We awoke in Jasper to a morning not quite as cold as the night before in Kamloops, but it was close. I was pleased to have purchased my wonderful red flannel lumberjack jacket, because I would have been a popsicle that morning. We lit a fire, and huddled around it to get warm (my feet seem to always go numb during night up in the mountains). Still slightly heartbroken over my shattered French Press from the morning in Kamloops, I turned to the campfire espresso machine my mom gave me before I left with skepticism. I was, however, very impressed. Using coffee from Café Crema in Vancouver, I made some “espresso” that tasted actually quite good. I was excited to say the least. We broke camp and headed back towards the trail, which seemed much shorter now that we were traveling downhill. It was about a 45 minute hike back to the car, but the walk was excellent. It was still early in the morning, and it seemed that we were the only living things in miles. The forest and lake surrounding it were filled with a silence that seemed both thick and apprehensive. We packed up the car and jumped in, ready to be off on our next adventure.
The drive to Banff was not too long, and filled with visual stimulation. This part of the country is absolutely stunning, pocketed with indigo colored lakes reflecting towering snowcapped mountains on their surfaces. We even saw a few bears along the way too, a mother walking with her cub along the side of the road. There was a gang of bighorn sheep too, milling about on a hillside. I felt almost rushed in a way though, attempting to fill up my memory with as much of the landscape as I could, trying to remember what it looked like to be on the road in the middle of the Rockies.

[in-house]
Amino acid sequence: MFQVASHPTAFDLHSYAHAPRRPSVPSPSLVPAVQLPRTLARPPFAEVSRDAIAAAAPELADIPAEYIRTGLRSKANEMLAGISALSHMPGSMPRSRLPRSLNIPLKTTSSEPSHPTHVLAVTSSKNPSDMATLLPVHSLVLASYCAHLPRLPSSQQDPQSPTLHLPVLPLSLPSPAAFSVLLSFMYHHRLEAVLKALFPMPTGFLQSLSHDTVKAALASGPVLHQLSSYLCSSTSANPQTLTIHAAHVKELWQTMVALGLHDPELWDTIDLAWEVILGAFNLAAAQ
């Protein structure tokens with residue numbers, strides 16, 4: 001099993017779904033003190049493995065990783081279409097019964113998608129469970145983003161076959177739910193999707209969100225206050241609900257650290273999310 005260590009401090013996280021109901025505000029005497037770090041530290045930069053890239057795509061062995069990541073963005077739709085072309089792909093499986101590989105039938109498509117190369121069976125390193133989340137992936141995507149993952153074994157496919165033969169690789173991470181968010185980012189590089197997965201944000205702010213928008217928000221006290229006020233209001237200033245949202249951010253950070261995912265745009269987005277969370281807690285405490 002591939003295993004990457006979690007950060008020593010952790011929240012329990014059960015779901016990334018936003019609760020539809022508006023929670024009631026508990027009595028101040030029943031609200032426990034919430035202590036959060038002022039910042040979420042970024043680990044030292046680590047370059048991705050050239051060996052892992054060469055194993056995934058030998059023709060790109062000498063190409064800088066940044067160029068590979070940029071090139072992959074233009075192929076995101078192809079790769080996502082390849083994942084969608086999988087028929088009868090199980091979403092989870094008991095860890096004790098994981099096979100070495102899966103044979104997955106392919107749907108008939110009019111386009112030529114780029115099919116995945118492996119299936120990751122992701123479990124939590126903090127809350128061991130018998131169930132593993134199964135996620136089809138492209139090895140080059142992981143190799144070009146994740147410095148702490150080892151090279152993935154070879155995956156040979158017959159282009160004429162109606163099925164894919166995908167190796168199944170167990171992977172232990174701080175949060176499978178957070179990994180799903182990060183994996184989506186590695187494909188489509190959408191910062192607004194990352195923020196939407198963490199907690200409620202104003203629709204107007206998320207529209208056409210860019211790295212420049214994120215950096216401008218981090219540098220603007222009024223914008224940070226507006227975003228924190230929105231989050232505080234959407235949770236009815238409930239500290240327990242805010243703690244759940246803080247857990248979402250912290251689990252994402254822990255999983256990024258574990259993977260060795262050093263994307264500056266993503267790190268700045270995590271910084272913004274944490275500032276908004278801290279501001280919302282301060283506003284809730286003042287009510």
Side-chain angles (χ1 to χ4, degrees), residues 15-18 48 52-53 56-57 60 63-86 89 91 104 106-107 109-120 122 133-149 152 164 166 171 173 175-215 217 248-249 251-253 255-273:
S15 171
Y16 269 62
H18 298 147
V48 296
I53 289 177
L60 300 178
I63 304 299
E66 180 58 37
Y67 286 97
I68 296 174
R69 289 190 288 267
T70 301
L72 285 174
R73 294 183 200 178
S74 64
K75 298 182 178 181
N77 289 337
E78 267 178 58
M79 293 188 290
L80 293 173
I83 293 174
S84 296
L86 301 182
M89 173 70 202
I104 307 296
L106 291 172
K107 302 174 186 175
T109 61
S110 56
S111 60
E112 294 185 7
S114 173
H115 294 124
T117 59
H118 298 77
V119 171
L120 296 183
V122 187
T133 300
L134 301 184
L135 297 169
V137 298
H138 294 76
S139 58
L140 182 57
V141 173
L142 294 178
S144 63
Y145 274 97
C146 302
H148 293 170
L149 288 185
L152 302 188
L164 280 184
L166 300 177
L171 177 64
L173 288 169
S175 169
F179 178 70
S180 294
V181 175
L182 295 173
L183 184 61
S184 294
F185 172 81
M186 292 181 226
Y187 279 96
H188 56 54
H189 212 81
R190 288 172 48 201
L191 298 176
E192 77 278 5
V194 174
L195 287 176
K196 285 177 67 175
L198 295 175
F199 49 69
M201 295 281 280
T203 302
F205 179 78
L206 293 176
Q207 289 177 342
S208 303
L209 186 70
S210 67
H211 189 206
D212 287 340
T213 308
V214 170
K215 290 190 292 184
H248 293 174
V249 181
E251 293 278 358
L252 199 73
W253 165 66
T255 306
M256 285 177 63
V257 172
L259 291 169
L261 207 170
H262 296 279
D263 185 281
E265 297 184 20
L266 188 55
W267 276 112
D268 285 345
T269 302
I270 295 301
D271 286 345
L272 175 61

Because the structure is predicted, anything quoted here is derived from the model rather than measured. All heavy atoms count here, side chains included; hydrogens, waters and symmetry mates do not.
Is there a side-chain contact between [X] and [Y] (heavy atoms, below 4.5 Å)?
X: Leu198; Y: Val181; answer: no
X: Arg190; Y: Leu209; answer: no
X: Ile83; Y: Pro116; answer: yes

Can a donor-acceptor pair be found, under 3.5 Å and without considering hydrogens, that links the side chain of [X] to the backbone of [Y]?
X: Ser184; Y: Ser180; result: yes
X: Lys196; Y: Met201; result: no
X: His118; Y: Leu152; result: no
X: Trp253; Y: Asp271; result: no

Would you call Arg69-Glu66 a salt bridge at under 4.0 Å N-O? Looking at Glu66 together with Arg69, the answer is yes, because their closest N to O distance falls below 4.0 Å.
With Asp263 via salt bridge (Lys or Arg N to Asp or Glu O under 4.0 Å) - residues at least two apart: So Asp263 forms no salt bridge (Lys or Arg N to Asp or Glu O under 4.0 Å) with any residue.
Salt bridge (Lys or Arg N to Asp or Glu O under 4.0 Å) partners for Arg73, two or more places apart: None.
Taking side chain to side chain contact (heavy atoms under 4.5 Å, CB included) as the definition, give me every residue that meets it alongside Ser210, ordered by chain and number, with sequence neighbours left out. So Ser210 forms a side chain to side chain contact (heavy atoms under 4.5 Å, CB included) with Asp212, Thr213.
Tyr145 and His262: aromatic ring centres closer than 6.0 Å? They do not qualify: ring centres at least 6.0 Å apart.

We stopped for lunch in Lake Louise where we got a few overpriced wraps and some bad coffee amidst a flurry of Germans, Swedes, and Japanese tourists filling their pockets with trinkets and “Check Me Out, I’ve Been to Lake Louise!” tee shirts.
It was only about a 45 minute drive to Banff from Lake Louise, so we arrived pretty early. Parking on the Northeast part of town, we walked down the main street and eventually stopped in an outdoors store to ask about a hostel in town (we wanted to shower up tonight before we had to go near a week without one). We were informed it was on the far Southwest part of Banff, so we just decided to make the 20 minute walk down there and book three beds. This one was much nicer than the Samesun Hostel in Vancouver (although I actually enjoy the sort of world-traveler grit that came with the Samesun Hostel), and consisted of two buildings. We got our rooms, then walked all the way back to town hoping the overcast sky above us would hold off for a bit. We hopped in the Juggernaut and made a considerably shorter trip to the hostel and unloaded our things into our room. We were staying with a French-Canadian couple from Quebec who were nice if a bit antisocial. I grabbed my computer and went downstairs to a common area and tried to write a bit on the blog. I also brought a book which of course I never opened. I was joined by Matt and David after a bit, after about my second gourd into my Maté tea. Matt and I passed the Maté, and three of us talked of mundane things: life, philosophy, the nature of our course in the universe, and how hungry we were. I packed up my things and we walked over to the Hostel’s restaurant to have a burger, which was incredible. It also so happens that the drinking age in Alberta is 18, so my burger was accompanied by an India Pale Ale. This was really the first time I’ve been able to just have a beer with dinner, and it was curiously liberating. Teenagers are granted the privilege to binge drink behind closed doors, but not the ability to casually have a beer with dinner, which seems to me a curious social stigma.
After dinner we walked downstairs to enjoy a Jam Night where everyone in the hostel who knew how to play an instrument got onstage and rocked the house. We had a good time, and got to meet a musician who would be coming to St. Louis in July. Although we didn’t spend the night amidst the stars and the dark night sky, the TBA boys still managed to have some fun.